Rold set his chair up and plopped back down as James began shoving bullets into spare magazines. “We should be getting underway soon,” James said as he slipped several spare mags into various hiding places in his clothing.
Charlene watched him, growing more tense as he seemed to be over-preparing for a simple hand off. “Expecting trouble?” she asked.
James pressed his lips together and shook his head dismissively. “It’s always best to be prepared,” he said absently before slipping a set of throwing knives under the edge of his body armor.
She had never seen him like this before. It had her worried.
“Make sure you stay focused on the lead vehicle,” James said without looking from his preOp preparation. “They have the devices. If it looks like they’re splitting off from the main group before I hand the money over, call in the cavalry. I won’t be able to reach them from the ground if they don’t come into the warehouse.”
“Yes sir,” Charlene replied. “Do I need to worry about a switch before the handover?”
James shook his head as he pulled a box from under the rack and sat on it facing Charlene…the simple act spiked her pulse. “The devices are tagged,” he said leaning across her to bring up the tracker screen. “If they switch vehicles, the new one becomes the lead. Just keep us posted on which one is in play.”
She nodded nervously, trying her best to ignore how great he smelled…so much better than the inside of the van which smelled like dirty gym socks at the bottom of a locker. When he pulled away, he left behind his swirling scent of expensive cologne and real-man pheromones. She closed her eyes and inhaled after he turned away. When she opened them again, Rold was staring at her, grinning like a fat, pit stained Cheshire cat. She abruptly turned back to her station, embarrassed.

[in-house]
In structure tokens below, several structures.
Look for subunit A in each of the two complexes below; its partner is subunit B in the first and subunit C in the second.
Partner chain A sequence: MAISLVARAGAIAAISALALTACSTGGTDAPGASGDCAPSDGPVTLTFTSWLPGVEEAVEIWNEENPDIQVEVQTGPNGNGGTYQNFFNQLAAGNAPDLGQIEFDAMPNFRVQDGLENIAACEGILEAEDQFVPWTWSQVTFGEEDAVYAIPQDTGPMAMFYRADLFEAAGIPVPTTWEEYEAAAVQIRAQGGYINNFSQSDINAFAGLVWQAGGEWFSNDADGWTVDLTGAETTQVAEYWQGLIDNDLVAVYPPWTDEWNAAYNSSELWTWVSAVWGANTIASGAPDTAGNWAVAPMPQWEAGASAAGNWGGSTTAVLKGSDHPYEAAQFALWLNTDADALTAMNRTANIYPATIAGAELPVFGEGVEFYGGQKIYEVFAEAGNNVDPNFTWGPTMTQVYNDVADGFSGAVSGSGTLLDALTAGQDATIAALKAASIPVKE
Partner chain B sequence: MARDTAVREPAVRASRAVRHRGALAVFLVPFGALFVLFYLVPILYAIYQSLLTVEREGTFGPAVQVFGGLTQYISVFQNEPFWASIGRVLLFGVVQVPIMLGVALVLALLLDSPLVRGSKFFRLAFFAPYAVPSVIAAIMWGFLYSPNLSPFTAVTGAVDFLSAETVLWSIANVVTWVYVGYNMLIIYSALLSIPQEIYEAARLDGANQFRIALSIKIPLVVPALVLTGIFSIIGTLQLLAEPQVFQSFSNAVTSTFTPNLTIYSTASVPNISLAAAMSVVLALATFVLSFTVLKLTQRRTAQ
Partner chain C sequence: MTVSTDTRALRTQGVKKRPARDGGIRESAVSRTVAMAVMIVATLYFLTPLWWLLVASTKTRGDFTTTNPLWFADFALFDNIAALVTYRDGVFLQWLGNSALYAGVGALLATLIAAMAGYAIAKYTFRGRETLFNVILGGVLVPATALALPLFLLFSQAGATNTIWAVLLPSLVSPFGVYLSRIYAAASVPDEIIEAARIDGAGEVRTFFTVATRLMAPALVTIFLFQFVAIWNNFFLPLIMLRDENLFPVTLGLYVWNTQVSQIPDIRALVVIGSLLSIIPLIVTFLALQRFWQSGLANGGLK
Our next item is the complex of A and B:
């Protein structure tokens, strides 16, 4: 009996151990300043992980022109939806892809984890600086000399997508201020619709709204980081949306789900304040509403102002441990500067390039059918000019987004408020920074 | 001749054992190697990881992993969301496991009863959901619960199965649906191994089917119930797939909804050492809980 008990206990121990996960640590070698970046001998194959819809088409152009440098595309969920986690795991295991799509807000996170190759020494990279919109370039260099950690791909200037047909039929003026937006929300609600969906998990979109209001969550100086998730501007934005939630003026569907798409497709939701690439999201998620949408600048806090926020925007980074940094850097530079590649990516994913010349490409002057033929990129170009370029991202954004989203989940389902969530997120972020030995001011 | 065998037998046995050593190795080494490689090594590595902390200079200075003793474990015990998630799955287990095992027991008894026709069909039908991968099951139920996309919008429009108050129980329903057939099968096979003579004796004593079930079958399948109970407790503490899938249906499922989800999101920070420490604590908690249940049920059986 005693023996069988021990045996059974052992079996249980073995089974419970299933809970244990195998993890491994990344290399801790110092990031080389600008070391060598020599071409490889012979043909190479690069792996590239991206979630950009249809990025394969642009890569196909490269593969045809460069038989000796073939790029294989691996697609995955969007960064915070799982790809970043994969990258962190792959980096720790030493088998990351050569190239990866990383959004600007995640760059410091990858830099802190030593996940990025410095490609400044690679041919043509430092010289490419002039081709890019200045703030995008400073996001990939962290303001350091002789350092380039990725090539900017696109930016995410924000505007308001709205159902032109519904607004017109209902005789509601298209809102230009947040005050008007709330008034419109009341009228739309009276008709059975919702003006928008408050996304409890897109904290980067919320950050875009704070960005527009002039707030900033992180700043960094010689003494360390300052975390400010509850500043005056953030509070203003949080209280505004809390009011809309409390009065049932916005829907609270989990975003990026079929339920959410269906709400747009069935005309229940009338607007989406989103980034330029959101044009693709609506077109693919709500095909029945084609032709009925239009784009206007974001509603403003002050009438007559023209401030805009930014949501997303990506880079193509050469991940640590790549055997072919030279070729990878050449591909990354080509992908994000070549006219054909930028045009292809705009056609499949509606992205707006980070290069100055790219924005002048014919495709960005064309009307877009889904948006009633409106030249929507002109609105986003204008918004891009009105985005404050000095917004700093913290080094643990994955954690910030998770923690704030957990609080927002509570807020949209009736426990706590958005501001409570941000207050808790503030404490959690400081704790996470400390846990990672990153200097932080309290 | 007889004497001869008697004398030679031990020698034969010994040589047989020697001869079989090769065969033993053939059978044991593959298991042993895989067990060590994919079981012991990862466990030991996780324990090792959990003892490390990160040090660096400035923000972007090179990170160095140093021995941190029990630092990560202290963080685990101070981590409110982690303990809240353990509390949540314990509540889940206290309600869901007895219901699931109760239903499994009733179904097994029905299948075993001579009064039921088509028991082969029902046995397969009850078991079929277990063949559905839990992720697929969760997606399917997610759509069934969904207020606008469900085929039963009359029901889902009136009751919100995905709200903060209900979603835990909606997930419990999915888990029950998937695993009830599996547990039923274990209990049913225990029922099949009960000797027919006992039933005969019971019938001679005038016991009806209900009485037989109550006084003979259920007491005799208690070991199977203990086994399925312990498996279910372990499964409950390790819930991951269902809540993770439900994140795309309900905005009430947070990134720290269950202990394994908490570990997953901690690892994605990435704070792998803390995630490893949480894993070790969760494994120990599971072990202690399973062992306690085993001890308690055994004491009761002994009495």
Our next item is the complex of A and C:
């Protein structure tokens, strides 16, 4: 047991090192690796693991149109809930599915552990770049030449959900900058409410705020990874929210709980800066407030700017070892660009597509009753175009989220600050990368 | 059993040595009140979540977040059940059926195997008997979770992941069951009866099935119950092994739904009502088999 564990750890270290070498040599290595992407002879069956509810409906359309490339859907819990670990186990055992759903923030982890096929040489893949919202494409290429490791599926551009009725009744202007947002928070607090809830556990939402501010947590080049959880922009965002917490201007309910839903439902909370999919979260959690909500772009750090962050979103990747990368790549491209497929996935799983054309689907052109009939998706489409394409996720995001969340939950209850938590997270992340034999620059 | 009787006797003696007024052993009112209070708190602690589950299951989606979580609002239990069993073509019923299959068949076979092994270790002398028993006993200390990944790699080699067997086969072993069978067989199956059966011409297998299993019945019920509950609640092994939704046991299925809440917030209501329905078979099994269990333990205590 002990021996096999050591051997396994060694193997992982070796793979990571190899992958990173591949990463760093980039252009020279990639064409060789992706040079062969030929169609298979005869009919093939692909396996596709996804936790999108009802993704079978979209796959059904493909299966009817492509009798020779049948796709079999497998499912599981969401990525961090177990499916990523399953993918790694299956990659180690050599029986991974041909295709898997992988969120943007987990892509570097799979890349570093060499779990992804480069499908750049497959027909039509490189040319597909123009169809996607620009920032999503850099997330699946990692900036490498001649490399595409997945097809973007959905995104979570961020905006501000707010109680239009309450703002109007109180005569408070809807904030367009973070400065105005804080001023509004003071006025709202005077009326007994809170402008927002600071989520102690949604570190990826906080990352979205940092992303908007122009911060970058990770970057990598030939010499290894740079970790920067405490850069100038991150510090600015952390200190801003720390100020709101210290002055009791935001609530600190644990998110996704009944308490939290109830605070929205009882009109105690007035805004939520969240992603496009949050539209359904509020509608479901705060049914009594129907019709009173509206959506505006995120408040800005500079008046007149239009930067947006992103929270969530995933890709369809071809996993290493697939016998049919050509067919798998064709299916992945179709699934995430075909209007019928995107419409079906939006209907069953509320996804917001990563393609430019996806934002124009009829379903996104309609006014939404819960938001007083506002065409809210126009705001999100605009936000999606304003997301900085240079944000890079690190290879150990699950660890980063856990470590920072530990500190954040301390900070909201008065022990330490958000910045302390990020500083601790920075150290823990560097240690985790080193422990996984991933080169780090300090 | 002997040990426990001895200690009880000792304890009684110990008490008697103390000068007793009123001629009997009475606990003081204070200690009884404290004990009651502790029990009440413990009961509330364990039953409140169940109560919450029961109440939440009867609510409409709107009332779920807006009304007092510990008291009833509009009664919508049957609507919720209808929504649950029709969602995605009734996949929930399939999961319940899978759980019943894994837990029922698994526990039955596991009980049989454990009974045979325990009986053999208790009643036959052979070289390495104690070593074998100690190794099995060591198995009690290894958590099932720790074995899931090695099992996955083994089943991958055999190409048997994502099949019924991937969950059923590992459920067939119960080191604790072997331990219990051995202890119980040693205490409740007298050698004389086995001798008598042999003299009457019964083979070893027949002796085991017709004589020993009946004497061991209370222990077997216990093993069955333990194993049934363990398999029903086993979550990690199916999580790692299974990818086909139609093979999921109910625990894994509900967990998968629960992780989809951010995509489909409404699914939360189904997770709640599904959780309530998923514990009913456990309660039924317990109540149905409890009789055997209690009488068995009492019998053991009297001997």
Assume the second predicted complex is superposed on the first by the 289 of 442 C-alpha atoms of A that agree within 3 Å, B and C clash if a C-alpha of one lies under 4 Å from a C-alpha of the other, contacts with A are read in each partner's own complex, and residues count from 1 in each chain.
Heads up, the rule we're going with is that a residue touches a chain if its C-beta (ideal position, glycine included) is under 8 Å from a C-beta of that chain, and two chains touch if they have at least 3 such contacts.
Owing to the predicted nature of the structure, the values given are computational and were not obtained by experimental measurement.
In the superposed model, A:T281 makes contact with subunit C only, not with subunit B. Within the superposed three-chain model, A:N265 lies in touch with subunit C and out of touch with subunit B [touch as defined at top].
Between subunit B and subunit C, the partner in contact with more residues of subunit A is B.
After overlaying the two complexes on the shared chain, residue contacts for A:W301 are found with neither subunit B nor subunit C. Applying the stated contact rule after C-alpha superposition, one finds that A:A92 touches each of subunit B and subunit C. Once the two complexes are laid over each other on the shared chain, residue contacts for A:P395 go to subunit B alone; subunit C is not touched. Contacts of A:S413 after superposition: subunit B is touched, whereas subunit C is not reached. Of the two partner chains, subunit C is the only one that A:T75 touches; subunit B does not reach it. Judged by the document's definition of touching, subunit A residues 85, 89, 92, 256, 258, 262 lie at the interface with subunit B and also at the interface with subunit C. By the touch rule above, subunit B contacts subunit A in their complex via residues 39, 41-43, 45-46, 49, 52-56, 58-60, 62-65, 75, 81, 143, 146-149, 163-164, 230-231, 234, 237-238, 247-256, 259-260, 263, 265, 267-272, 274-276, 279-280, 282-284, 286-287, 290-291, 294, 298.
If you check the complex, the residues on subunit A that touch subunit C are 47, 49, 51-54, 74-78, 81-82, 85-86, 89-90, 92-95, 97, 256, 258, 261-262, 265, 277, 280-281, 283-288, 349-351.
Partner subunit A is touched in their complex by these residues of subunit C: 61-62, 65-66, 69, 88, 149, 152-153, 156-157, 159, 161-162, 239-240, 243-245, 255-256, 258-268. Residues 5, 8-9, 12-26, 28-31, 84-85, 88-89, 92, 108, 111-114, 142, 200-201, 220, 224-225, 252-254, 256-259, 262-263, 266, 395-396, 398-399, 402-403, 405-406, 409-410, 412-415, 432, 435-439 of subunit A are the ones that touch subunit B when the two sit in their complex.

“If anything else pops up, give us plenty of warning,” James said as he opened the back door of the van and stepped out. “I’d rather hear your voice in my ear than get caught unaware.”
She nodded. “Yes sir.”
He winked at her again and then nodded to Rold before closing the door. She watched in the camera monitor as he walked away from the van toward the garage across the street.
“Do you need to take care of anything before we start?” Rold asked with a taunting edge to his tone. “Coffee can? Breath mint? Clean panties?”
She threw the Op log binder at him. “Shut up.”
“Pay attention and don’t distract me,” she said as her fluster level reached maximum capacity. She could feel the heat rising from her collar, flushing her ears and cheeks.
“Oh, if you’re distracted it wasn’t me who did it,” Rold said with a chuckle.
“I think they should change SOP to keep the operatives out of the van before an Op,” he said.
“I think it’s not good for your concentration,” he added.
Charlene swiveled around in her chair and kicked him in the side.
“OW!” he yelled, angry. “And it’s not very good for your mood either.”
A flashing beacon appeared at the edge of Charlene’s laptop monitor precluding any further response. “We’re on,” she said, all business.
“Roger that,” Rold said before flipping on the mics for his and Charlene’s surveillance stations. “Good morning Op runners, this is Watch Tower one. The grid is in play. I say again, the Grid is in play. Tango vehicle is on Al Rasheed Street headed north at forty Kph, twelve blocks out.”
The radio in the van squelched to life. “Acknowledged,” came James’s voice over the speakers. “Okay team, here we go.”